• Associate Professor of Mechanical Engineering Evelyn Wang (center), post-doctoral associate Nenad Miljkovic (left) and graduate student Andrej Lenert (right) pose with the solar thermal photovoltaic experimental system.

    Photo: Denis Paiste/Materials Processing Center

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Faculty Highlight: Evelyn Wang

Device Research Laboratory scientists aim to control changes in phase of gases and liquids to reduce power consumption in heating and cooling systems.

Efficient heat and mass transfer for devices from a thermal battery to air condition electric vehicles to cooling for steam power plants is the focus of Evelyn Wang, Associate Professor of Mechanical Engineering, at MIT, and principal investigator of the Device Research Laboratory. “In general, our lab works a lot on using micro and nanostructures for various thermal-fluid applications,” Wang says. Among key recent projects in Wang’s group are:

  • Former graduate student and postdoctoral associate Nenad Miljkovic pioneered highly scalable nanostructured coatings for copper tubing that shed water efficiently, boost heat flux by 25 percent and raise the condensation heat transfer coefficient by 30 percent. The work has applications for power plants, thermal desalination, dehumidification, and other industrial uses. Wang is principal investigator in a multi-site, ARPA-E funded project to develop a thermal battery for heating and cooling in electric vehicles. Postdoctoral associate Shankar Narayanan is leading work on an adsorption bed for the battery and graduate student Ian McKay is exploring how to integrate Miljkovic’s discoveries regarding superhydrophobic and superhydrophilic surfaces into the evaporator-condenser design.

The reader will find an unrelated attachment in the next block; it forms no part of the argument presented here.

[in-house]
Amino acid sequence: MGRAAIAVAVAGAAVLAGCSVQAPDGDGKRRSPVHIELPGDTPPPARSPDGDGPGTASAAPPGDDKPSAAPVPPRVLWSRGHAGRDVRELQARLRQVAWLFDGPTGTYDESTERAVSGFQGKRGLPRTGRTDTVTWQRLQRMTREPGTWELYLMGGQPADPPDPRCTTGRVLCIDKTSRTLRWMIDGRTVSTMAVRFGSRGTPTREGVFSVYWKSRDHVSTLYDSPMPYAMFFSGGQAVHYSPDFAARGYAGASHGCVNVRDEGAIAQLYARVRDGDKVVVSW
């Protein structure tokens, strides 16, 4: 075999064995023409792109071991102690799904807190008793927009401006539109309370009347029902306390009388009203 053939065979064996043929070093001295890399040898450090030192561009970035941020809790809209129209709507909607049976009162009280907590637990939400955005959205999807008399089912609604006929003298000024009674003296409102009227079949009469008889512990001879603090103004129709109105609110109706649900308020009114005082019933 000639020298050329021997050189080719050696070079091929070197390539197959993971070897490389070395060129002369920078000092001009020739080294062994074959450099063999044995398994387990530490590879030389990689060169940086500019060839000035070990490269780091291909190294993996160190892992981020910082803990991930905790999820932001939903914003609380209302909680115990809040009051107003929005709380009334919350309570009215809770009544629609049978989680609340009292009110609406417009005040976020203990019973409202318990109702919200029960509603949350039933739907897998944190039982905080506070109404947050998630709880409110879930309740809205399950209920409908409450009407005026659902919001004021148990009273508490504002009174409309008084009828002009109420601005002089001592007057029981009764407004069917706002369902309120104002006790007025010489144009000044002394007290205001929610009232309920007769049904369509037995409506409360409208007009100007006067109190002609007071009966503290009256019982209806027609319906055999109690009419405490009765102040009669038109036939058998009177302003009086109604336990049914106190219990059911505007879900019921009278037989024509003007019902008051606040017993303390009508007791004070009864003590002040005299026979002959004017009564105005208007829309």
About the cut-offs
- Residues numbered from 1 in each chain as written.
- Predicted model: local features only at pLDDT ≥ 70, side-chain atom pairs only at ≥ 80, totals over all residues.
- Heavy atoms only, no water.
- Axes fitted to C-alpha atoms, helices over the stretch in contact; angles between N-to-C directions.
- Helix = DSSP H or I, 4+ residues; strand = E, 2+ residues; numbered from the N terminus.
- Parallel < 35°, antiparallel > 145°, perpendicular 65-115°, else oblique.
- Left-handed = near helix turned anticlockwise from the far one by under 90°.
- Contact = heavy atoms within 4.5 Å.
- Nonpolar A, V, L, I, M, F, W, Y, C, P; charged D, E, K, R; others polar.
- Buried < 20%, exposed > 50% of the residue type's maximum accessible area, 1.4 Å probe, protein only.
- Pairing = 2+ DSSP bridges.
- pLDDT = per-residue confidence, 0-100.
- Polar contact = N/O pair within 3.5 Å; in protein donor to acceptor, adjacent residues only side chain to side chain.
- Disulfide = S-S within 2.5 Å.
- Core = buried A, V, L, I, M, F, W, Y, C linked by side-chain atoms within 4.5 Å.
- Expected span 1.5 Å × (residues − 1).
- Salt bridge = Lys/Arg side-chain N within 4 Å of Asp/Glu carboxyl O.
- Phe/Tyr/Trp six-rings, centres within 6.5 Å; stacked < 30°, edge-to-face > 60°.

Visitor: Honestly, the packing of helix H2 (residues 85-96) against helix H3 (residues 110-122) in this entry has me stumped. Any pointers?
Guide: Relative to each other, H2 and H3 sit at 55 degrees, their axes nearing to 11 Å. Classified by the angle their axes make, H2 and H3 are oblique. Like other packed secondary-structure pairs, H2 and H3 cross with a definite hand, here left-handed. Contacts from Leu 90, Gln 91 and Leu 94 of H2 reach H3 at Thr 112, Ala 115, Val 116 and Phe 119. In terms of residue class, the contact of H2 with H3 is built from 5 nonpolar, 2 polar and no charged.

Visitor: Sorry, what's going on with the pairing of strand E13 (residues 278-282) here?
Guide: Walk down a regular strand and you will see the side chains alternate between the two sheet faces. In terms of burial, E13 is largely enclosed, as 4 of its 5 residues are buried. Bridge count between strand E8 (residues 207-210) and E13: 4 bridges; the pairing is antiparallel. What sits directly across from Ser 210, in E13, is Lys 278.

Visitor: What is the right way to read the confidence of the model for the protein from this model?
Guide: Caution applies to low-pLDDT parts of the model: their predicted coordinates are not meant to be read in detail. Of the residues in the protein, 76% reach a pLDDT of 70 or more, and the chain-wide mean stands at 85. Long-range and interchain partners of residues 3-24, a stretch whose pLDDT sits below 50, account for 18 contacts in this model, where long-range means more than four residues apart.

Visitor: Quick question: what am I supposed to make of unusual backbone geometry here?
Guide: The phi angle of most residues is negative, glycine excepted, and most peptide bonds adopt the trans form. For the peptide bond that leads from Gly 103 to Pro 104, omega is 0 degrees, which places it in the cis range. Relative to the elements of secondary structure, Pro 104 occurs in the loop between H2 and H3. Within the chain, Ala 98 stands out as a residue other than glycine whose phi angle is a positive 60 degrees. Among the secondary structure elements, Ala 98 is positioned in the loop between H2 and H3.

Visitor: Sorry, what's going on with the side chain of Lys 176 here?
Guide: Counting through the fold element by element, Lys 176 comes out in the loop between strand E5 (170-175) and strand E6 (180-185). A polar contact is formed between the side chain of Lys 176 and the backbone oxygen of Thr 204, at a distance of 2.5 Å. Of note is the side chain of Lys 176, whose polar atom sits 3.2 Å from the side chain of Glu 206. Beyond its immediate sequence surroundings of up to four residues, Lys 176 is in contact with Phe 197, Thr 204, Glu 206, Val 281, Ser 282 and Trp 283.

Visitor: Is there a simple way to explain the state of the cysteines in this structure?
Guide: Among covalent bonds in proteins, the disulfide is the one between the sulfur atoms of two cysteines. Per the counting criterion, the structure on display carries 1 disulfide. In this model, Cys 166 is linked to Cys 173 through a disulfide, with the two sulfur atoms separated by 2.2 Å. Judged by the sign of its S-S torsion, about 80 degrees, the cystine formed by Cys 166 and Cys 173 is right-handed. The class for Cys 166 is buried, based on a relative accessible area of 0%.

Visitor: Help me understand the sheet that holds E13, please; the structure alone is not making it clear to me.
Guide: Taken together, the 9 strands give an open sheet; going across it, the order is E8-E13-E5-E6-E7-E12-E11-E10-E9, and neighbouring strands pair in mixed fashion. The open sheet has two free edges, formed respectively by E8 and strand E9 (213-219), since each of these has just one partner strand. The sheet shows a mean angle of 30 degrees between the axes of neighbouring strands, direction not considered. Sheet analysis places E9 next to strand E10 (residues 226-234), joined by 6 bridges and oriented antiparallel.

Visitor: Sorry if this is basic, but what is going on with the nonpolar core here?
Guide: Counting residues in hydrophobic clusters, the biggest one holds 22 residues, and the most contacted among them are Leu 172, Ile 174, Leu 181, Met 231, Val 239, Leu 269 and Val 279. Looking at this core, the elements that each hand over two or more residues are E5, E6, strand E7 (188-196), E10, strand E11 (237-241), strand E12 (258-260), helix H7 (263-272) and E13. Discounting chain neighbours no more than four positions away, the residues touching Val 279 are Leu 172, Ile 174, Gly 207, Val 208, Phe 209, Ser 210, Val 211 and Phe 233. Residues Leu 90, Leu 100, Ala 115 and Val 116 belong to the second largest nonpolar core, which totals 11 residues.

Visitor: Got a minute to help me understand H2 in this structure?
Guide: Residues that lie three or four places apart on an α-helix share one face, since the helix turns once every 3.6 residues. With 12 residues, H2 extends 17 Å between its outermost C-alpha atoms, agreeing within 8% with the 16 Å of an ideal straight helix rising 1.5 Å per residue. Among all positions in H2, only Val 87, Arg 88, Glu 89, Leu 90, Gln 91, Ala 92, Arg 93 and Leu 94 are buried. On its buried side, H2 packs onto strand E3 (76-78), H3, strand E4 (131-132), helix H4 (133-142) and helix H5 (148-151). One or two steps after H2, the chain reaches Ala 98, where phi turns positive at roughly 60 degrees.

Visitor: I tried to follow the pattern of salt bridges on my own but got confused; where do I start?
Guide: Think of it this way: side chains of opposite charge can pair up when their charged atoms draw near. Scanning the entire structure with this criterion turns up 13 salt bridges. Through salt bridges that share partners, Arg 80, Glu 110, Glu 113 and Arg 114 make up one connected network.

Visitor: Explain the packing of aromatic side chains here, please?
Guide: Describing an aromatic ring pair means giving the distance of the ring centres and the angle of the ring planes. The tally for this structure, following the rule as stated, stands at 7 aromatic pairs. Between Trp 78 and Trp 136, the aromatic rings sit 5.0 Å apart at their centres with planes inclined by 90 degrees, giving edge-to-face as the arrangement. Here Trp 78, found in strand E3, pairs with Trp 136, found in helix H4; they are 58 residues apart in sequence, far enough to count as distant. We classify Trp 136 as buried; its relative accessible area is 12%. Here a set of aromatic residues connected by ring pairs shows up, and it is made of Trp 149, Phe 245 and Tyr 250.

• Graduate student Andrej Lenert and colleagues are developing solar thermophotovoltaic systems based on photonic crystal absorbers and emitters that promise to deliver 10 percent efficiency. See related article.
  • Miljkovic and colleagues demonstrated enhanced jumping behavior of water droplets on a copper pipe which he made superhydrophobic by growing a thin layer of silanized copper oxide as reported in a November 2012 Nano Letters paper, “Jumping-Droplet-Enhanced Condensation on Scalable Superhydrophobic Nanostructured Surfaces.”

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Topics: Energy, Faculty, Graduate, postdoctoral, Heat, Materials processing, Materials Processing Center, Photonics, Research, Superhydrophobic materials


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